While some of our Team Goals are straight forward and lead to either points for us or stops of our opponents, others are efforts that will hopefully lead to additional positive results. For example, the number of “Paint Touches”, or times we get the ball into the key and close to the basket puts pressure on the defense and opens up our perimeter game. It also could create situations where we get fouled and go to the line to shoot free throws. Our goal to “Make More Free Throws than the Opponent Shoots” speaks to the number of times we get fouled, the percentage we shoot, and the desire to eliminate unnecessary fouling when we play defense so we don’t put the opponent on the line.

Another thing we strive to do is hold our opponents to 40% field goal shooting. Players make more uncontested shots than they do when the defense gets a hand up. An effort goal we track is to Contest 90% of all shots.  Hopefully, meeting this effort goal will enable us to meet the more result oriented field goal percentage goal.

After some long conversations I realized that I tell coaches all the time “you get what you measure and reward” and we were not doing enough of that. The WORST thing to do is to NOT do what you KNOW you SHOULD do. So we just had to decide WHAT we were going to measure and HOW we were going to implement a more extensive motivation, recognition and reward program.

We asked ourselves a number of questions. What is important to us? In-season and out-of-season. On and off the court. Academics. CO-curricular. What do we want players in our program to value?  What could we measure? What should we measure? What were we willing to commit to, given staffing and circumstances? We initially came up with these (and since some have been added)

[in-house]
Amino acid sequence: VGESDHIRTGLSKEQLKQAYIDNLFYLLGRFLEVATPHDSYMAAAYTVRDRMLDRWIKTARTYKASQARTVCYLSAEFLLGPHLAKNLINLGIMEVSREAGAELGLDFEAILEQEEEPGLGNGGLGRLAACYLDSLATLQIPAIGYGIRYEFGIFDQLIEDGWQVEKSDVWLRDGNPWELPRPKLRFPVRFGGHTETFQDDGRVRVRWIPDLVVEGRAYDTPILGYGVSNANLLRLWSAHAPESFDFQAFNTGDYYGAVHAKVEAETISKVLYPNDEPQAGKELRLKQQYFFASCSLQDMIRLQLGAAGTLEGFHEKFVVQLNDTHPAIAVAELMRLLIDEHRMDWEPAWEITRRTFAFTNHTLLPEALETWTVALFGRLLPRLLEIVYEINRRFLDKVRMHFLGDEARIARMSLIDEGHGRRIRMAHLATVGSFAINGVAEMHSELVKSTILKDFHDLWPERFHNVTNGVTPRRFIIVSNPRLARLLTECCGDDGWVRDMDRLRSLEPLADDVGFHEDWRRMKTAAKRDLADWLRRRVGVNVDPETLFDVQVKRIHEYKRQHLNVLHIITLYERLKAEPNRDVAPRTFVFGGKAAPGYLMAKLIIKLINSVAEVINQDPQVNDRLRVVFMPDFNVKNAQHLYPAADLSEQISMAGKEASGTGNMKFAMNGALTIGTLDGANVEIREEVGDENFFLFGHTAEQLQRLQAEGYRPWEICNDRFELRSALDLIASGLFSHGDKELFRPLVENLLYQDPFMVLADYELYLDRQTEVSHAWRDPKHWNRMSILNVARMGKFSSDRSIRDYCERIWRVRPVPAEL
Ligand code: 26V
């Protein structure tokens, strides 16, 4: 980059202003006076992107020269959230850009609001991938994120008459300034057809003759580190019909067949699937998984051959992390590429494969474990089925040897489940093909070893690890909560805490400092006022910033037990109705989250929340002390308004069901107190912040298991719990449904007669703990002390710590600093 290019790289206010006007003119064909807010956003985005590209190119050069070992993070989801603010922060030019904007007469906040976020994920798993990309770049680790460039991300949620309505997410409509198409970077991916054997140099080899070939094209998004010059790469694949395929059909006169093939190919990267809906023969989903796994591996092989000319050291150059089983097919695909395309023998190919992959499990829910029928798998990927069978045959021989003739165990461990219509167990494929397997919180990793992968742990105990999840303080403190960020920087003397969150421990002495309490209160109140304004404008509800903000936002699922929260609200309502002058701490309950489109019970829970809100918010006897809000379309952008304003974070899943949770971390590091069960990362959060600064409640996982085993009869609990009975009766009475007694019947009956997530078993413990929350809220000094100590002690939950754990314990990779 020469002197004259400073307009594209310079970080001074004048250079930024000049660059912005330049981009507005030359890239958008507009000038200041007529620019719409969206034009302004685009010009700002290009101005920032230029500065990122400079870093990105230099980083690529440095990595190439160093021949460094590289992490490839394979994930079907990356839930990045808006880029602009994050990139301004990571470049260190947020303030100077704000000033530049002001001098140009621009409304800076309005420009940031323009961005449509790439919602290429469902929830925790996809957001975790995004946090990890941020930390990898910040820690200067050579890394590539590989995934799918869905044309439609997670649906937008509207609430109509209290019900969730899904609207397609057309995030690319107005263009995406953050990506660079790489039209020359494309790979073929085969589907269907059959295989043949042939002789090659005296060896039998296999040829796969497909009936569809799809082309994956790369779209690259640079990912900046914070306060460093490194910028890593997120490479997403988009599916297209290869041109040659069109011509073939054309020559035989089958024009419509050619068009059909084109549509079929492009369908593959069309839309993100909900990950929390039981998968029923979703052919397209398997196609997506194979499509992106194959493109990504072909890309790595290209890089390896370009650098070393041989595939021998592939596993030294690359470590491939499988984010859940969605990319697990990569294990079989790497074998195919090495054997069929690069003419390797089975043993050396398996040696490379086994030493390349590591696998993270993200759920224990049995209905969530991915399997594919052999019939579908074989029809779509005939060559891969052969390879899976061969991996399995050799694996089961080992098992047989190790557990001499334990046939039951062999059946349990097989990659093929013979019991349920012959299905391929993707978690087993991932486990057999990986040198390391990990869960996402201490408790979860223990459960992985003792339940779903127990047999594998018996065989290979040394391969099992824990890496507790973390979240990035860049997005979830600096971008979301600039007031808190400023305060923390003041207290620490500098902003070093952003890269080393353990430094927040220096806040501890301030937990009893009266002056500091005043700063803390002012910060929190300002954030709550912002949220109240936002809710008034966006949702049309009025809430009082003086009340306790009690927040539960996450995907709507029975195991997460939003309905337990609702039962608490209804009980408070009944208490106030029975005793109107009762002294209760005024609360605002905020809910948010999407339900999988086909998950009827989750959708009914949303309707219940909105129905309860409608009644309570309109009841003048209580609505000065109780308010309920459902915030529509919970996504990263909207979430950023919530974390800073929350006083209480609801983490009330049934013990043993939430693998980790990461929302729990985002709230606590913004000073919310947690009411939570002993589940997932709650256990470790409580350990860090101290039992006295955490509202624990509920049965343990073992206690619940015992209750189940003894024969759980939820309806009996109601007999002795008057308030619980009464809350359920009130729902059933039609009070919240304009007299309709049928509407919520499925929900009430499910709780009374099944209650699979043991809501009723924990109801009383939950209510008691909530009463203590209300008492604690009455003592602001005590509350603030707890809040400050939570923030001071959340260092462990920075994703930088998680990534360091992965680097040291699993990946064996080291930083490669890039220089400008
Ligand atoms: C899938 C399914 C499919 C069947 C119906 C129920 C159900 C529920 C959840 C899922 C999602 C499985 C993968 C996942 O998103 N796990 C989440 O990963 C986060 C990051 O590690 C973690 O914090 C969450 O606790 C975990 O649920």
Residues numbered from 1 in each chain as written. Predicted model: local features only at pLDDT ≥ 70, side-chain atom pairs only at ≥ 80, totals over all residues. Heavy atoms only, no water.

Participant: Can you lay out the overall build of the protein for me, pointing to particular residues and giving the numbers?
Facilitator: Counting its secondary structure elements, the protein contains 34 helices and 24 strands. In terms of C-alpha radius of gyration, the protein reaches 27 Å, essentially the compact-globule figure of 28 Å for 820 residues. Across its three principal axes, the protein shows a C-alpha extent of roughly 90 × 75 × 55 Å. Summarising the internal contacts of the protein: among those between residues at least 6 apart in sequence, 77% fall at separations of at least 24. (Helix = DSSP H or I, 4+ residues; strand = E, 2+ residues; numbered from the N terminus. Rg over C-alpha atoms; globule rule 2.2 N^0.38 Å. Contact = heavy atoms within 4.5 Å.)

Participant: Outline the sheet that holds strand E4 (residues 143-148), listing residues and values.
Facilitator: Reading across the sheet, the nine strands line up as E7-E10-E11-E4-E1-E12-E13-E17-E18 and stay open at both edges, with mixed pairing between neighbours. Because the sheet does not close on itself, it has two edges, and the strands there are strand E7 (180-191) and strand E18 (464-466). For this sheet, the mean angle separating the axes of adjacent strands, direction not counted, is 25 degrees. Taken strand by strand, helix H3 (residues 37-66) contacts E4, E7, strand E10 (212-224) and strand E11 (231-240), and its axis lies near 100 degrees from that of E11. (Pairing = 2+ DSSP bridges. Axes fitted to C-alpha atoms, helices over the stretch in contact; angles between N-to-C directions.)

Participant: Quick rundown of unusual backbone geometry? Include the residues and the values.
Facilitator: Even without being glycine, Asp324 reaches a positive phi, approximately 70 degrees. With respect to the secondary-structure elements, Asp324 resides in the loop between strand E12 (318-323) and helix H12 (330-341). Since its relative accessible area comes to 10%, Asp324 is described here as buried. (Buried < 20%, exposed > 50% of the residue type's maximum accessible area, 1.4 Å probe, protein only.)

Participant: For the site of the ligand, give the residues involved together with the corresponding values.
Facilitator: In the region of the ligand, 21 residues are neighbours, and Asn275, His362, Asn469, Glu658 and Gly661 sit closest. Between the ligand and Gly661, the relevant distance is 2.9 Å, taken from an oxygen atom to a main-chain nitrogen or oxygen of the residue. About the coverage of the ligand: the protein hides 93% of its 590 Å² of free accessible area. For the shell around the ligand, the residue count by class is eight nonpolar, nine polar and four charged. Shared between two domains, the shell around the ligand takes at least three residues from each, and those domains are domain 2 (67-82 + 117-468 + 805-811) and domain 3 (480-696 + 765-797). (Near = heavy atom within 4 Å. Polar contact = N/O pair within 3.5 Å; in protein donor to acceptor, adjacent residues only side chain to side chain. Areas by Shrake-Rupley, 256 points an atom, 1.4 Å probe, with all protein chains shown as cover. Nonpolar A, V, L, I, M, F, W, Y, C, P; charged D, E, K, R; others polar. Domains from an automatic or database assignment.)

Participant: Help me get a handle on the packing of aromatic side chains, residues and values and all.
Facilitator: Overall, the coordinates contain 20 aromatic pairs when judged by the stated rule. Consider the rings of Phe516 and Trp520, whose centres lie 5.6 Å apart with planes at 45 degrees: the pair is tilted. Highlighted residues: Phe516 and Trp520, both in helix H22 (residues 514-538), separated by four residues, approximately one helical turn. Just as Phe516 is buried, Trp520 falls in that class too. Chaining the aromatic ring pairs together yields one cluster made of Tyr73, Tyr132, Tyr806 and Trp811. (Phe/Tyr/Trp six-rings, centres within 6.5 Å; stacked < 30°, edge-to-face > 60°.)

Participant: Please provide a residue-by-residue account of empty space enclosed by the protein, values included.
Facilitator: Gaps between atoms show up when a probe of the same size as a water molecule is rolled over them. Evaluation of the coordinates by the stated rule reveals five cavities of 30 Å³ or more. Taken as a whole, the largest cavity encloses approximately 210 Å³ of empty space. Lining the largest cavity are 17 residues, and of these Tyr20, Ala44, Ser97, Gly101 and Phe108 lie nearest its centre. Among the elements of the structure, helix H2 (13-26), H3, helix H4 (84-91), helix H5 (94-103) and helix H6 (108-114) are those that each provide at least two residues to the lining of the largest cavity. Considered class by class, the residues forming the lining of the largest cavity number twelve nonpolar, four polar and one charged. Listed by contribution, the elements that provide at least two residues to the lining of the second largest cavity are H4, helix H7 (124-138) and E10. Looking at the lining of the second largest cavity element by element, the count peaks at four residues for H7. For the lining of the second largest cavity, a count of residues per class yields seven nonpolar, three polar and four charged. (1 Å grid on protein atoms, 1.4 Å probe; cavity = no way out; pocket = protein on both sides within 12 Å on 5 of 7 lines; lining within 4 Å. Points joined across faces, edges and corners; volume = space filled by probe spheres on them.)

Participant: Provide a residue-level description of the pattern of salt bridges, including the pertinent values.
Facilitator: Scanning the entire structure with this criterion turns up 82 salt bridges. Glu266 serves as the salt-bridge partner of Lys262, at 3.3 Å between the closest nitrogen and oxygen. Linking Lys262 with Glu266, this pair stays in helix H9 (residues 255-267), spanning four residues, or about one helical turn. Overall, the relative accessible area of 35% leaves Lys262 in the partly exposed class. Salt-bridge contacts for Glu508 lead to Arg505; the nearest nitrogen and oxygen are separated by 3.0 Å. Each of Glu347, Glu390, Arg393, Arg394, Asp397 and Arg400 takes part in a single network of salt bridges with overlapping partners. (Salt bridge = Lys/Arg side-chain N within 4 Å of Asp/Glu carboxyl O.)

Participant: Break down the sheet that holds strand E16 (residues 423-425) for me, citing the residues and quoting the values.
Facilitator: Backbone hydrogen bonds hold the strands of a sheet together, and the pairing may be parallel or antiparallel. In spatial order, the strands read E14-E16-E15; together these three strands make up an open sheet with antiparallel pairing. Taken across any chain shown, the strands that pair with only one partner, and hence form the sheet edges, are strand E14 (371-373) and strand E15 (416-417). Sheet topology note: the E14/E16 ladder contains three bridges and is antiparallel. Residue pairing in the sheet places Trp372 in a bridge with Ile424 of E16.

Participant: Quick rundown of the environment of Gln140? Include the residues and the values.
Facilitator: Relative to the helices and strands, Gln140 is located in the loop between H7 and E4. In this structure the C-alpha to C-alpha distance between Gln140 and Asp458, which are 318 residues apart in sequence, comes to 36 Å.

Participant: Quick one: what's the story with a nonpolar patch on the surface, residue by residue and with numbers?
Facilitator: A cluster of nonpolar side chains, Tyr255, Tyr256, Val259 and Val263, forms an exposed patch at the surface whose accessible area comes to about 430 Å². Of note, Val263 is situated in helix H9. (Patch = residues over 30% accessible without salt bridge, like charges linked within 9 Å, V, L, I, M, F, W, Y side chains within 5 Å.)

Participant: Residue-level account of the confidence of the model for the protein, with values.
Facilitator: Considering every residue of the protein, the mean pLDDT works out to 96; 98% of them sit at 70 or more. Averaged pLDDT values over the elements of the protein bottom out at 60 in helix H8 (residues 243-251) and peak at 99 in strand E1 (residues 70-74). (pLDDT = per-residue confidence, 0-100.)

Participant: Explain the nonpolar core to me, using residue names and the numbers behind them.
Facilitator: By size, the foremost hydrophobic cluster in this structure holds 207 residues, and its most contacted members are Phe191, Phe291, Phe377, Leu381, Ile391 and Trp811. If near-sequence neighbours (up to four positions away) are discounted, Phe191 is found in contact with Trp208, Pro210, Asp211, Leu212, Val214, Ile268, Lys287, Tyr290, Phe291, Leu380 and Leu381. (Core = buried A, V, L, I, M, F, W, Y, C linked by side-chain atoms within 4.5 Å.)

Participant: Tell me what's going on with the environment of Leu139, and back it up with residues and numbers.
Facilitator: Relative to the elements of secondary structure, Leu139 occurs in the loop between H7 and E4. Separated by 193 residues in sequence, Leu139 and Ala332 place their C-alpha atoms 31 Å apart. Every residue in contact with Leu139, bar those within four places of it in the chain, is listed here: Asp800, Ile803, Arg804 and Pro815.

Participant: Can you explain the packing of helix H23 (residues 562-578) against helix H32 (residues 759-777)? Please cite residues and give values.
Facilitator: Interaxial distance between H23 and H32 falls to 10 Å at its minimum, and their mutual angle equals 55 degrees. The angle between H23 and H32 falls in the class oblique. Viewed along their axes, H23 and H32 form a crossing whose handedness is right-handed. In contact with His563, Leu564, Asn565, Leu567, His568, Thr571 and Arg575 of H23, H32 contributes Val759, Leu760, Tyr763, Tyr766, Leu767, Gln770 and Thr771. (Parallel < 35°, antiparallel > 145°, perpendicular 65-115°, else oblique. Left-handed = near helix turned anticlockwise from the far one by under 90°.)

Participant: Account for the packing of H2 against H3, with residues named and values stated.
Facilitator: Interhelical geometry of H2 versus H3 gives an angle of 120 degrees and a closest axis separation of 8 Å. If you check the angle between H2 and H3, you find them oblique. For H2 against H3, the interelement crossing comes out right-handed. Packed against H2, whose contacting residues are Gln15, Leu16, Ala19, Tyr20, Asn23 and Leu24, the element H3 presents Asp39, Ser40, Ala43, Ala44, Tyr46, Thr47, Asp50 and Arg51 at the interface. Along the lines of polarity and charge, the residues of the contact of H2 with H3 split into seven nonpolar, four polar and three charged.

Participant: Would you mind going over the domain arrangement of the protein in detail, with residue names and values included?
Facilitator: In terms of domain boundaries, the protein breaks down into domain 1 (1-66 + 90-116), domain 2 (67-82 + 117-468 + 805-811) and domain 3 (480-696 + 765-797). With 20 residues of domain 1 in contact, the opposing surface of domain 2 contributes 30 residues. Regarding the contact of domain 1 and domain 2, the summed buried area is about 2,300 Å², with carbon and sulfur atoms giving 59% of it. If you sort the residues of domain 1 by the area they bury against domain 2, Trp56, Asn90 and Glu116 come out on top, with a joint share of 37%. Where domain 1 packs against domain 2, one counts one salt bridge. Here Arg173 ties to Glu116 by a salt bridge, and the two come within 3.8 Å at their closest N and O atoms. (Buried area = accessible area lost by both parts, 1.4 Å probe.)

Top Dawg

We then realized we also wanted to measure some of the negative actions we wanted to discourage too. In addition to turnovers, we also already charted uncontested shots and missed blockouts. We added to that Direct Drives, Late Help, and Slow in Transition among others. We felt we wanted concrete and objective data to back up our subjective analysis (although some of our metrics are still up to the coaches’ subjective discretion)

In first grade students will do anything for a sticker. Then, for some reason, teachers and coaches feel it is ineffective (or not cool enough) anymore to use as a motivational tool. But I watch college football and once again, I see helmet stickers everywhere. At all levels and in many different academic, business, and athletic settings we see charts, leaderboards, and other subtle motivational techniques to encourage desired performance.

There is plenty of research out there that supports the value of these “targeted symbolic rewards. Plenty of schools, organizations, business, and teams have adopted some form of their use. If some of the best and most respected use this as a method of motivation – it’s worth a try.

I’m not a big bulky-watch guy, so I was given a Nike Fuel band that not only tells time, but measures steps and calories used. It recharges via USB on your computer and uploads the data to a NikePlus website  that tracks your data, charts your progress, compares you with others in your age category, and…rewards you with little badges, videos, and when you move enough on a given day and go to check the time… another targeted-symbolic reward.